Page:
An older couple ready to replace missing teeth

Here’s the thing. Dentists love teeth. We’re in the business of saving teeth long before we replace missing teeth, and sometimes we’ll go through some crazy heroics to do it. I’m still waiting for Marvel to recognize this and offer me a lucrative contract for my life story (which will later be turned into a Netflix original series), but in the meantime, I’ll be out there, trying to keep your teeth where they belong—in your mouth.

But sometimes teeth can’t be saved, even with an Avengers-style dentist team-up. Severely decayed or broken teeth are difficult or nearly impossible to restore. But fear not, people who regularly open beer bottles with your teeth, get into fights, or spend time on deserted islands without a toothbrush and floss; you have options to replace missing teeth. Let’s review them!

What Are Your Options to Replace Missing Teeth?

Option 1: Dental Implants

Implants are the gold standard for tooth replacement and are the next-best thing to your natural teeth. An implant is a titanium rod that is placed into your jaw. After it integrates with the surrounding bone, a crown is placed on the implant (via a “peg” called an abutment), and voila! A new tooth!

Additionally, implants can be used to create bridges, as well as improve retention in patients with dentures. In some scenarios, implants can be used to create a denture that stays “locked” in the mouth and can only be removed by a dentist.

The Pros of Dental Implants:

  • High success rates in healthy patients
  • Stable and comfortable, as well as strong and functional
  • Doesn’t require removing tooth structure from adjacent teeth
  • Less maintenance compared to a bridge or partial (you can brush and floss like normal)
  • Esthetic

The Cons of Dental Implants:

  • Expensive
  • Can be time-consuming
  • Requires minor surgery
  • The success rate is lower in patients with particular medical histories (bisphosphonate usage, diabetes, current smoker, etc.) and poor gum health and hygiene
  • Has minimum requirements for the amount of bone and proximity to nearby teeth and other important structures that may require additional procedures to correct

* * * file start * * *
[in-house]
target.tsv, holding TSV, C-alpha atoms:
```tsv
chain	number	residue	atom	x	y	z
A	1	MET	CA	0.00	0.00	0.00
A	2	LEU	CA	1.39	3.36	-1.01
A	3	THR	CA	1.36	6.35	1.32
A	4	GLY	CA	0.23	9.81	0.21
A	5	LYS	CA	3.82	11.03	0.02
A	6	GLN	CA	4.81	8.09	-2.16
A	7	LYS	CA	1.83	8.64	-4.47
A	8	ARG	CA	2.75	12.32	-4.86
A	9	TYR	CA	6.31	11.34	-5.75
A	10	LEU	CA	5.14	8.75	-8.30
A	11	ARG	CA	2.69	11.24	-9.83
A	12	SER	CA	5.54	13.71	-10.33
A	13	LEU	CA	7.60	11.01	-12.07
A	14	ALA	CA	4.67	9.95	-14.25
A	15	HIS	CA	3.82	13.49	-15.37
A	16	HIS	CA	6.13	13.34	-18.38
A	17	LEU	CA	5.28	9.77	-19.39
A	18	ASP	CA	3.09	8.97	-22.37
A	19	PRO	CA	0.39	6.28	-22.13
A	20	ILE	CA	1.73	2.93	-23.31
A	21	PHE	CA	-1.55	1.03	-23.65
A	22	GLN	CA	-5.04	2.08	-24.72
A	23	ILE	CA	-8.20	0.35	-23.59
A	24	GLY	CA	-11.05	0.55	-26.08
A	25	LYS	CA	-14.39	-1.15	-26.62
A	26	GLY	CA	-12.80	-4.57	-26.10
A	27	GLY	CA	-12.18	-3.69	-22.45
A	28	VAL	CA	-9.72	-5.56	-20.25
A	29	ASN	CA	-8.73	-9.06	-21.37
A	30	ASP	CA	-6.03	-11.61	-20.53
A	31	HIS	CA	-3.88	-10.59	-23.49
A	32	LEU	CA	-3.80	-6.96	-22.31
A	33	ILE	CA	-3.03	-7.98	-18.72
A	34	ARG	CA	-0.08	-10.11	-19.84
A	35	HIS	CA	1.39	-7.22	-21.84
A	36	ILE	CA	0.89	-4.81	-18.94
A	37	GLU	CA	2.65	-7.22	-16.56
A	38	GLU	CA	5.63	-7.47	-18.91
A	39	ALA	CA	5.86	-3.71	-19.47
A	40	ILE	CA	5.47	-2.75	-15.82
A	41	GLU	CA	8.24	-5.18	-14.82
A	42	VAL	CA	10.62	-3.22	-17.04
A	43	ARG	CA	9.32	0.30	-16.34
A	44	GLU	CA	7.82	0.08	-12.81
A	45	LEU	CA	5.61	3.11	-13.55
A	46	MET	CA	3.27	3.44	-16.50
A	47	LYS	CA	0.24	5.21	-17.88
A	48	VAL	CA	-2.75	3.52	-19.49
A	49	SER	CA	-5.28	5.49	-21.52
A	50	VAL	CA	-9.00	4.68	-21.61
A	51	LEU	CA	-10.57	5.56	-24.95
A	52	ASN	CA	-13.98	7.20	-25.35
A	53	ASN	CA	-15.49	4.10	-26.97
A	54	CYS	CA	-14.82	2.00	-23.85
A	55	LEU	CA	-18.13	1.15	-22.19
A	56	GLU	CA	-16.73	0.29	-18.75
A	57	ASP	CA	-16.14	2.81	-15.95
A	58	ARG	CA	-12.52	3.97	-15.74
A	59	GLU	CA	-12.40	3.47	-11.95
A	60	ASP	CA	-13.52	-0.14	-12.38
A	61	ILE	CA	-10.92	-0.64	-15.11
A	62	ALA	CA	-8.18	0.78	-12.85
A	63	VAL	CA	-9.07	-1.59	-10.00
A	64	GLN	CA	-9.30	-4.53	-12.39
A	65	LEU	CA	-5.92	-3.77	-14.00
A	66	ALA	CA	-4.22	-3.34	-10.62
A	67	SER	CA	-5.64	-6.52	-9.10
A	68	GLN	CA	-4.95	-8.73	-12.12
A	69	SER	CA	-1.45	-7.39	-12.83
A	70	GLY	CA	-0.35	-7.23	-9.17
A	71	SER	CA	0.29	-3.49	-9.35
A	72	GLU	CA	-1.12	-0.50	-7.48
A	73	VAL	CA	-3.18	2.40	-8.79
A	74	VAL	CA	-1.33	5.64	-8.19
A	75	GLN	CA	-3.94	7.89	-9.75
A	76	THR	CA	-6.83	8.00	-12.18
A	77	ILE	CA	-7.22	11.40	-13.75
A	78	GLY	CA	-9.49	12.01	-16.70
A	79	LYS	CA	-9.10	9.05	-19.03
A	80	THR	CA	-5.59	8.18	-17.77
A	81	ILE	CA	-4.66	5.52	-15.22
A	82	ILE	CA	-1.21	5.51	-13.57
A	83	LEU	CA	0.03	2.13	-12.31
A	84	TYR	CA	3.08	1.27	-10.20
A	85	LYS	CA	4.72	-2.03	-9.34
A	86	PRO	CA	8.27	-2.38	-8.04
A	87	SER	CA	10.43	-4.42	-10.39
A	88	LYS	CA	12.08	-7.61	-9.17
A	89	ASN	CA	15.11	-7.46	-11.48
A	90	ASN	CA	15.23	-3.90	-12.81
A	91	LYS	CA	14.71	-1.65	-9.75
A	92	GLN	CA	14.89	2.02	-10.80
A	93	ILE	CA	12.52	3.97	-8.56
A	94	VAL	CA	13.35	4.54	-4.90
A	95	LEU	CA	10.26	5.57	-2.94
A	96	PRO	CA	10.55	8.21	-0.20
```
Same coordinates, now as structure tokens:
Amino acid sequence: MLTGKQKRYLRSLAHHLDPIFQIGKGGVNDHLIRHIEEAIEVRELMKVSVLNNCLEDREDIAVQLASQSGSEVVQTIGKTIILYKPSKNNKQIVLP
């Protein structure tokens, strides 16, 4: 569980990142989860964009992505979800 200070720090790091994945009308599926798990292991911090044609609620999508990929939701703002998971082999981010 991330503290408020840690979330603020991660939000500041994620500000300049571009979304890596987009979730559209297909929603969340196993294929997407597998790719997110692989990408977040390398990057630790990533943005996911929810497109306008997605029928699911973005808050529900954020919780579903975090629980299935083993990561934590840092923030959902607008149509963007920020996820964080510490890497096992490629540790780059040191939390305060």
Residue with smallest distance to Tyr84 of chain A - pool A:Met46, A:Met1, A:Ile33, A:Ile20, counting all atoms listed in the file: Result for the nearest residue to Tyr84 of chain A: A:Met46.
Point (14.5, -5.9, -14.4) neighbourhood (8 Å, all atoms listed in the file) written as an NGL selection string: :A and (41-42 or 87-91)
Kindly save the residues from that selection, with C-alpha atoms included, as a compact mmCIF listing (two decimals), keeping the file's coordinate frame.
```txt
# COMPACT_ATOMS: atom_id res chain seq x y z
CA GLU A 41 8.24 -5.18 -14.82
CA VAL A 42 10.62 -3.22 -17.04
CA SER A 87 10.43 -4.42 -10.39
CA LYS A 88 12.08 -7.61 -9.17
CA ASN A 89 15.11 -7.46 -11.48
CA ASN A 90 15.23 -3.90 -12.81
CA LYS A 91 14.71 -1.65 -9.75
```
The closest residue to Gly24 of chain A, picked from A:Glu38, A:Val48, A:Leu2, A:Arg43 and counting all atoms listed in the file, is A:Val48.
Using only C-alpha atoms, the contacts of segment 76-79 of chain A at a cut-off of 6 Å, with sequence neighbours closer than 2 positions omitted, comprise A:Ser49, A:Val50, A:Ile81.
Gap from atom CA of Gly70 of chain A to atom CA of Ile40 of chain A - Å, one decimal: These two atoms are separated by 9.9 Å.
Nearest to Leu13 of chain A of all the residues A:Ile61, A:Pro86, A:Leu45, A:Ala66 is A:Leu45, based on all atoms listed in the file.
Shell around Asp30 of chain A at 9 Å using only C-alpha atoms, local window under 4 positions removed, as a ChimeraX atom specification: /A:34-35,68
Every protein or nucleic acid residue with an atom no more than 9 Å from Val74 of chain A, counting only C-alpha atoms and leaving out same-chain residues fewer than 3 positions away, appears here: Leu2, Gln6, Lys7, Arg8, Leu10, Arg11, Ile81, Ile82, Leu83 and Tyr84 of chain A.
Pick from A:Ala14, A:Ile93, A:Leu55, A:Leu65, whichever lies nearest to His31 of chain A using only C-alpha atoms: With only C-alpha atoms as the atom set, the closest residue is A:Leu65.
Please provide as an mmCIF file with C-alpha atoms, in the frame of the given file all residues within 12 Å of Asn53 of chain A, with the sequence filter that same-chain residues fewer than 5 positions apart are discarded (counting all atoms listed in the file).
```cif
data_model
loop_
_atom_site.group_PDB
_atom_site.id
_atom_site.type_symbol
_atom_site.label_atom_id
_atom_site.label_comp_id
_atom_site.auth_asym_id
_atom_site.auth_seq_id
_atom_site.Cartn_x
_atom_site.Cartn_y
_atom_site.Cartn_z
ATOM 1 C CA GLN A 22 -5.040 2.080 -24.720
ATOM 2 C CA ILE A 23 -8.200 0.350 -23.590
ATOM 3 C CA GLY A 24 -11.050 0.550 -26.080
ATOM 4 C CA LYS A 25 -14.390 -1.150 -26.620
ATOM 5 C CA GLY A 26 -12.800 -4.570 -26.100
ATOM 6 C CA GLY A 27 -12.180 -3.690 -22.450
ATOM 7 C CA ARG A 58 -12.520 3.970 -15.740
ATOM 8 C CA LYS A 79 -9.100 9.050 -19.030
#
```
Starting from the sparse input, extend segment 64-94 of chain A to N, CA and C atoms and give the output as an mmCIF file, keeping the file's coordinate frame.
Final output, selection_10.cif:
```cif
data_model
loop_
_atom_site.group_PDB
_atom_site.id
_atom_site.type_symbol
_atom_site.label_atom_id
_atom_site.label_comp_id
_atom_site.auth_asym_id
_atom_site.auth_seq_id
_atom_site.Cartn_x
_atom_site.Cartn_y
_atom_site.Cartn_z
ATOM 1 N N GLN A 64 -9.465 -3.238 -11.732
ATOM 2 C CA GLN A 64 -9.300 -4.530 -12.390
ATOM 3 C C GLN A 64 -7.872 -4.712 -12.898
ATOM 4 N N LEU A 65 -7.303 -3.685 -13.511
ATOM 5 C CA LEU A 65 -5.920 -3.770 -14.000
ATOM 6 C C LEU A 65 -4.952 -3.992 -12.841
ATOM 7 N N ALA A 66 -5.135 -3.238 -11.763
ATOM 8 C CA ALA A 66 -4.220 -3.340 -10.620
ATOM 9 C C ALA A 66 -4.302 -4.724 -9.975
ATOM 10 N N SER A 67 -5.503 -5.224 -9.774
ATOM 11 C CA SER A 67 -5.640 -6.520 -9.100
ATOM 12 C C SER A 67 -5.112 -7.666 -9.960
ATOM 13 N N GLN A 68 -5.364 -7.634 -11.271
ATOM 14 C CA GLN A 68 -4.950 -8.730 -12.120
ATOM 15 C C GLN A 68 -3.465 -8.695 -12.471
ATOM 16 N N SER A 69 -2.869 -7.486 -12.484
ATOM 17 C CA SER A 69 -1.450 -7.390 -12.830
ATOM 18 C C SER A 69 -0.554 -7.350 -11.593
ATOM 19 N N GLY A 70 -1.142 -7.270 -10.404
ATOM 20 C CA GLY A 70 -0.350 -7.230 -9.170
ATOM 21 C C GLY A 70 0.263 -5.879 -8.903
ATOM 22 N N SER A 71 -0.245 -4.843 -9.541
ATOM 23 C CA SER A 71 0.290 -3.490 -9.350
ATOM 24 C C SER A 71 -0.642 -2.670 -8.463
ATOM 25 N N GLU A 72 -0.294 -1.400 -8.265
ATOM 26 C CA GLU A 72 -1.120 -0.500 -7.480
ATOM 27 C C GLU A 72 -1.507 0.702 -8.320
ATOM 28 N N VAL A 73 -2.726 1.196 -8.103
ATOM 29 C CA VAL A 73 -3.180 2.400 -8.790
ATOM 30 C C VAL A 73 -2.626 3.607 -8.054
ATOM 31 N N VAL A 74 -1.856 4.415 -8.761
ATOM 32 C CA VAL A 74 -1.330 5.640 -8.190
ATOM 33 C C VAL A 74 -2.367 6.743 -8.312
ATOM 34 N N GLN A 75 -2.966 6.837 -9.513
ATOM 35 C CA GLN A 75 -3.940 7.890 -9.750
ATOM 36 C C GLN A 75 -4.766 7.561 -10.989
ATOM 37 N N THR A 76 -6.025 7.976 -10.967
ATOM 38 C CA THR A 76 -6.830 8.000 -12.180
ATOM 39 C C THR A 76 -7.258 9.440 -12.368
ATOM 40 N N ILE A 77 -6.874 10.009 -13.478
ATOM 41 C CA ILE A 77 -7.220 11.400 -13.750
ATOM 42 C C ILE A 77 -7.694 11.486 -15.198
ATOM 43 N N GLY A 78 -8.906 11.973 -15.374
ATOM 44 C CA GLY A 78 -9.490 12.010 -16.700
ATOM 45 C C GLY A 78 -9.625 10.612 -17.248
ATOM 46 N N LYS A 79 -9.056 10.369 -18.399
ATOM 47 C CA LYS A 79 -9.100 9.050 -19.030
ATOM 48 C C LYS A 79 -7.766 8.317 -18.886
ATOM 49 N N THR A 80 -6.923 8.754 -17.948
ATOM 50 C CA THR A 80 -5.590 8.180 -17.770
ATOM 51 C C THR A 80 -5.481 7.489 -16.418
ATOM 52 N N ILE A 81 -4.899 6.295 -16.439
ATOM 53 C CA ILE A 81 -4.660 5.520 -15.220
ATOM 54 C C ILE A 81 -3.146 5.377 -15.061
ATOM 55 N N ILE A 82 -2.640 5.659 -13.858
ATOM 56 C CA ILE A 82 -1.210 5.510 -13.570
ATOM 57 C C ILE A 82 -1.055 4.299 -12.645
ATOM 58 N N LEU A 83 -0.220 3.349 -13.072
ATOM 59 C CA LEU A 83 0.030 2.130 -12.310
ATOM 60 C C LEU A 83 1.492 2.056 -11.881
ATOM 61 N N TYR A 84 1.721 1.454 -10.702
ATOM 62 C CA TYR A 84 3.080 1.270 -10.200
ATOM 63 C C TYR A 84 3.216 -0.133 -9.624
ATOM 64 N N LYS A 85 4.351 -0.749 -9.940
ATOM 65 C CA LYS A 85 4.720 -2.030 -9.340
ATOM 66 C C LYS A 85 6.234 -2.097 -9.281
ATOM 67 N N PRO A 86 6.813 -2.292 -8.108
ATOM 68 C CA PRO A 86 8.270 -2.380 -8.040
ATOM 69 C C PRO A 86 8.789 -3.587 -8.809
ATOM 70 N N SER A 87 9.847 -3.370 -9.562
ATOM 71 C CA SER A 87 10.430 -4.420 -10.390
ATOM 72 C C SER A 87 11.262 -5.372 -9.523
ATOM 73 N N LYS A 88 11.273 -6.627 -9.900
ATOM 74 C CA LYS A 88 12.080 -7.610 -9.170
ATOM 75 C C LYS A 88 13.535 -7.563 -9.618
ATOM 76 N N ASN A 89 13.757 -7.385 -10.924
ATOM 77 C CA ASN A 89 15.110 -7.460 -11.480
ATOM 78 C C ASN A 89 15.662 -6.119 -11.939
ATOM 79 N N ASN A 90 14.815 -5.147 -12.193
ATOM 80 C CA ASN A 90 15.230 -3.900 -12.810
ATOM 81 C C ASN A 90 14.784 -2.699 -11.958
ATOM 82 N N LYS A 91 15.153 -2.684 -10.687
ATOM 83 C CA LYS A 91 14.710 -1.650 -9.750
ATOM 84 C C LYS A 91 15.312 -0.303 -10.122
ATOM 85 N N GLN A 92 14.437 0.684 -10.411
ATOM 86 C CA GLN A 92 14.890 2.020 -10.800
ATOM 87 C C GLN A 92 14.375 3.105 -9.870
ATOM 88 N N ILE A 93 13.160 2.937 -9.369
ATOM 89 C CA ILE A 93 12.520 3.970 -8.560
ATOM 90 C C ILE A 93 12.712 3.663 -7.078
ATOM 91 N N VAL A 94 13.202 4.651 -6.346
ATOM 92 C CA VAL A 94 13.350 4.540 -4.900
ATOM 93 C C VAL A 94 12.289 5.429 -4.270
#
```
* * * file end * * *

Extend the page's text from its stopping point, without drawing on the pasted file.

Option 2: Bridges

In cases of single-tooth replacements, bridges are considered the second-best solution. A bridge is when the two teeth on either side of a space receive crowns, and then a fake tooth, or “pontic,” is added in between to fill the space.

The Pros of Dental Bridges:

  • Fixed—not taking it in and out means better function than a removable appliance (denture or partial)
  • Esthetic
  • Cheaper and faster than implants
  • Less stringent anatomical requirements
  • Less dependent on patient’s health history and can be done at any age

The Cons of Dental Bridges:

  • Must have adjacent teeth on either side of space
  • Have to crown adjacent teeth
  • Harder to maintain/keep clean which could lead to recurrent decay
  • Compared to implants, less predictable with a higher failure rate
  • Bone loss below pontic

Option 3: Removable Partial

For tooth replacement, removable appliances are ideally the last option. A partial (short for partial denture), is something that you wear during the day but take out at night. There are different varieties based on the type of material, but they all have the same basic pros and cons.

Pros of Removable Partial Dentures:

  • Cheapest
  • Don’t require surgery
  • Rarely require more than minor alterations to existing teeth

Cons of Removable Partial Dentures:

  • Removable
  • Less esthetic
  • Less stable
  • Less functional
  • Can be less comfortable
  • Harder to clean

Which Option to Replace Missing Teeth is Best for You?

Well, that answer depends on a few factors, the two most significant of which are finances and number of teeth needing replacement.

If you’re a 1%-er and have no health or anatomy contraindications, I’d say implants all the way regardless of how many teeth you’re missing. For the rest of us peasants who have student loans and limited finances, my rule of thumb is that if it’s only a few teeth, I recommend implants or bridges, depending on individual factors and the adjacent teeth. When we start getting multiple, larger spaces, that’s when I start considering partials as a potential option.

If you’re considering tooth replacement, give us a call at The Silberman Dental Group. Your Waldorf dentist, Dr. Silberman, would be happy to talk over your situation and provide recommendations and a treatment plan customized to your unique needs, so you can get back to doing what you do best: opening beer bottles with your teeth.

Just kidding. Don’t do that.

(For the record, Chris Hemsworth, Sebastian Stan, and Tyler Hoechlin would all be acceptable for the role of my love interest in the Marvel Universe. Also in real life. Call me, Chris.)

This blog was originally written for The Silberman Dental Group by Dr. Rebecca Triplett.

Still have questions about the options to replace missing teeth? Leave us a comment below!